Honda first started building motorcycles in America back in the 1970s, and so at the end of July 2004, Honda America Manufacturing celebrated its 25th Anniversary Homecoming. Honda's customers are invited to the Honda Homecoming every July, but the passage of a quarter-centuryduring which Honda's Marysville, Ohio plant has gone from assembling relatively simple 250cc dirt bikes to making Gold Wings and Runes and seen facility expansion nearby to produce Honda cars and enginesmade the 2004 event a bit special.
As always, there was plenty to entertain visitors. Factory tours (No photos, please!) through both the automobile and motorcycle plants are always big draws. You can see a vehicle like yours get assembled and painted. There were demo rides, of course, vendors, food and drink, a variety of exhibits (some of which, like the display of models produced at the Marysville facility, are available all year for visitors who drop in or take the tour), concept vehicles (both motorcycles and the forthcoming pick-up truck), and lots of motorcycles to look at, including customs from West Coast Choppers (the red-framed VTX in the photos) and others. There was even a bike made from balloons, assembled while you watched. A stroll through the parking and demo area revealed Honda street bikes that had been converted to everything from dragsters to trikes, and Honda had most of its motorcycle models on display, from Ruckuses to Runes. The annual Parade of Lights through Marysville looks like a movie special effect.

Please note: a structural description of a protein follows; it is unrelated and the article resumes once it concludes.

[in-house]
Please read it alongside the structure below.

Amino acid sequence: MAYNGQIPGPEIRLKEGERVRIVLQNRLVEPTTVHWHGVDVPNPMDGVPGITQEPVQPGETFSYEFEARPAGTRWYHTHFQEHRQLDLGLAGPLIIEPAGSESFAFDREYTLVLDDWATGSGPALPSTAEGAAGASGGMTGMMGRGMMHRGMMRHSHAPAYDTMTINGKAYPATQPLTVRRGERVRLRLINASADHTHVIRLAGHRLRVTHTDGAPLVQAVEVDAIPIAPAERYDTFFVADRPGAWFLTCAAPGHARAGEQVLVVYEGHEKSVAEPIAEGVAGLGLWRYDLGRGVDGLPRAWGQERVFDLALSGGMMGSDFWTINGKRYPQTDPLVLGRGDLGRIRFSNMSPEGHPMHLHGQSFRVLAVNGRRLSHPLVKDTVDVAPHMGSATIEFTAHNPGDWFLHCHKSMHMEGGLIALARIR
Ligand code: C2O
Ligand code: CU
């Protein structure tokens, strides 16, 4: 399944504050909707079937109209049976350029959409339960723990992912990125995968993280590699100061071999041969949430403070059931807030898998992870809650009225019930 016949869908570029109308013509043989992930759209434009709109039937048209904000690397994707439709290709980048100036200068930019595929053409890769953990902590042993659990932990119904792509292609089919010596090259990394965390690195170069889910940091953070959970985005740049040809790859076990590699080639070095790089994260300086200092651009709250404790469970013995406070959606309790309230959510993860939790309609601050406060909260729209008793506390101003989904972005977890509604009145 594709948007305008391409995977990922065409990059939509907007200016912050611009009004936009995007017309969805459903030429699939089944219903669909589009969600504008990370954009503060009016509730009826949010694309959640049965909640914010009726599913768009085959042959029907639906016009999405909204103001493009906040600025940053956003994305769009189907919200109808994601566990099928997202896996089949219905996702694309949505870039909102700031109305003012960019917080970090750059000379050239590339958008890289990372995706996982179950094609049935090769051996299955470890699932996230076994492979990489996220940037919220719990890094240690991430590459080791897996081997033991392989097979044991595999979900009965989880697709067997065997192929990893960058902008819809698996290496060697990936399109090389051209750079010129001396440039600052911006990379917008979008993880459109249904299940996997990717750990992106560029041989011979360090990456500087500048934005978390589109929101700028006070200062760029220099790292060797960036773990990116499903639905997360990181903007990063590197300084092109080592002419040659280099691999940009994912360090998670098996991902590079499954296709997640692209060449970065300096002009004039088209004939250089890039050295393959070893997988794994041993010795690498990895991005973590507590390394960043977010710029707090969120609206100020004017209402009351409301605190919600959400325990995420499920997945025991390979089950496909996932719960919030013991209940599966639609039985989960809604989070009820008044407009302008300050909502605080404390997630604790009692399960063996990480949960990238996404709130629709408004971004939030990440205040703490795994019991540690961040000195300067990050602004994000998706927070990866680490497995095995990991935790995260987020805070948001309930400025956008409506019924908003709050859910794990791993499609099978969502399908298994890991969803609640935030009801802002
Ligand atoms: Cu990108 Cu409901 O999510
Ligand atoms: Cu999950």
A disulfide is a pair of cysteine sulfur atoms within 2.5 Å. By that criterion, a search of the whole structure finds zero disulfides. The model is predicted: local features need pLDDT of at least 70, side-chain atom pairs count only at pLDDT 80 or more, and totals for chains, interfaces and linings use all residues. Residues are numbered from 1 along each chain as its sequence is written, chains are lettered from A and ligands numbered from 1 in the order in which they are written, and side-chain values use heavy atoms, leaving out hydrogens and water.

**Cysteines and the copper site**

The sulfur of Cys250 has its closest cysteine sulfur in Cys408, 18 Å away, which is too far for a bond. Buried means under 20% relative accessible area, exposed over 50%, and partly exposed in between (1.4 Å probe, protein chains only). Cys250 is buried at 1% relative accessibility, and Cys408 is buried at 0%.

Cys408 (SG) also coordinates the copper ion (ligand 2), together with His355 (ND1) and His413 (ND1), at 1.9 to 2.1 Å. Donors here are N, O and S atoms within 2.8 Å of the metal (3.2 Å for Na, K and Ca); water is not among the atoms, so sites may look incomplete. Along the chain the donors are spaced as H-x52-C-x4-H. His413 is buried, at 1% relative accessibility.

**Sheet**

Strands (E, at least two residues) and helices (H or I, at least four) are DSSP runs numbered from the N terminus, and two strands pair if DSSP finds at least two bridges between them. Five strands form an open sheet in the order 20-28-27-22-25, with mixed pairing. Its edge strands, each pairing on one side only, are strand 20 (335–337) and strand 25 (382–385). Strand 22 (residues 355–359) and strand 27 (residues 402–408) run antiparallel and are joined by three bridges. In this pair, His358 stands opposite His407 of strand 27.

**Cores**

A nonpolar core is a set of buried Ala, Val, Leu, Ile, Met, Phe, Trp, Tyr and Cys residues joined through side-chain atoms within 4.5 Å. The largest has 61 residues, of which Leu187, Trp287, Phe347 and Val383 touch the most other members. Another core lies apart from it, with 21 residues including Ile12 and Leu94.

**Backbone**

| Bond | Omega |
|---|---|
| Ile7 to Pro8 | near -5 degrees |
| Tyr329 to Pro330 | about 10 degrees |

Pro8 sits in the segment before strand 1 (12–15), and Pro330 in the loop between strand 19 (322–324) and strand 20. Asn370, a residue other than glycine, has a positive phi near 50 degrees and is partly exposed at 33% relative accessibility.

There were a variety of contests too, with some unique prizes. A few lucky winners got a chance to ride a Rune on the Honda test track or take off in the Goodyear blimp that had flown in for the event.
Honda also sponsored a custom VTX show with over $20,000 in cash up for the winners in three classes (ranging from Wash-and-Wax to Wild) plus Best in Show. We saw some Rune customizers that were looking a little green with envy.
The Best-of-Show-winning and definitely Wild VTX 1800 (the black bike seen here) was the unanimous pick of the three judges, and will be featured in an upcoming issue of Motorcycle Cruiser. The motorcycle has some very creative and unique ideas, and shows how quickly and how far metric customs have advanced. It's no longer possible to get this kind of attention with a simple bolt-on project. Even in a one-brand metric show, it now takes a ground-up rebuild to win.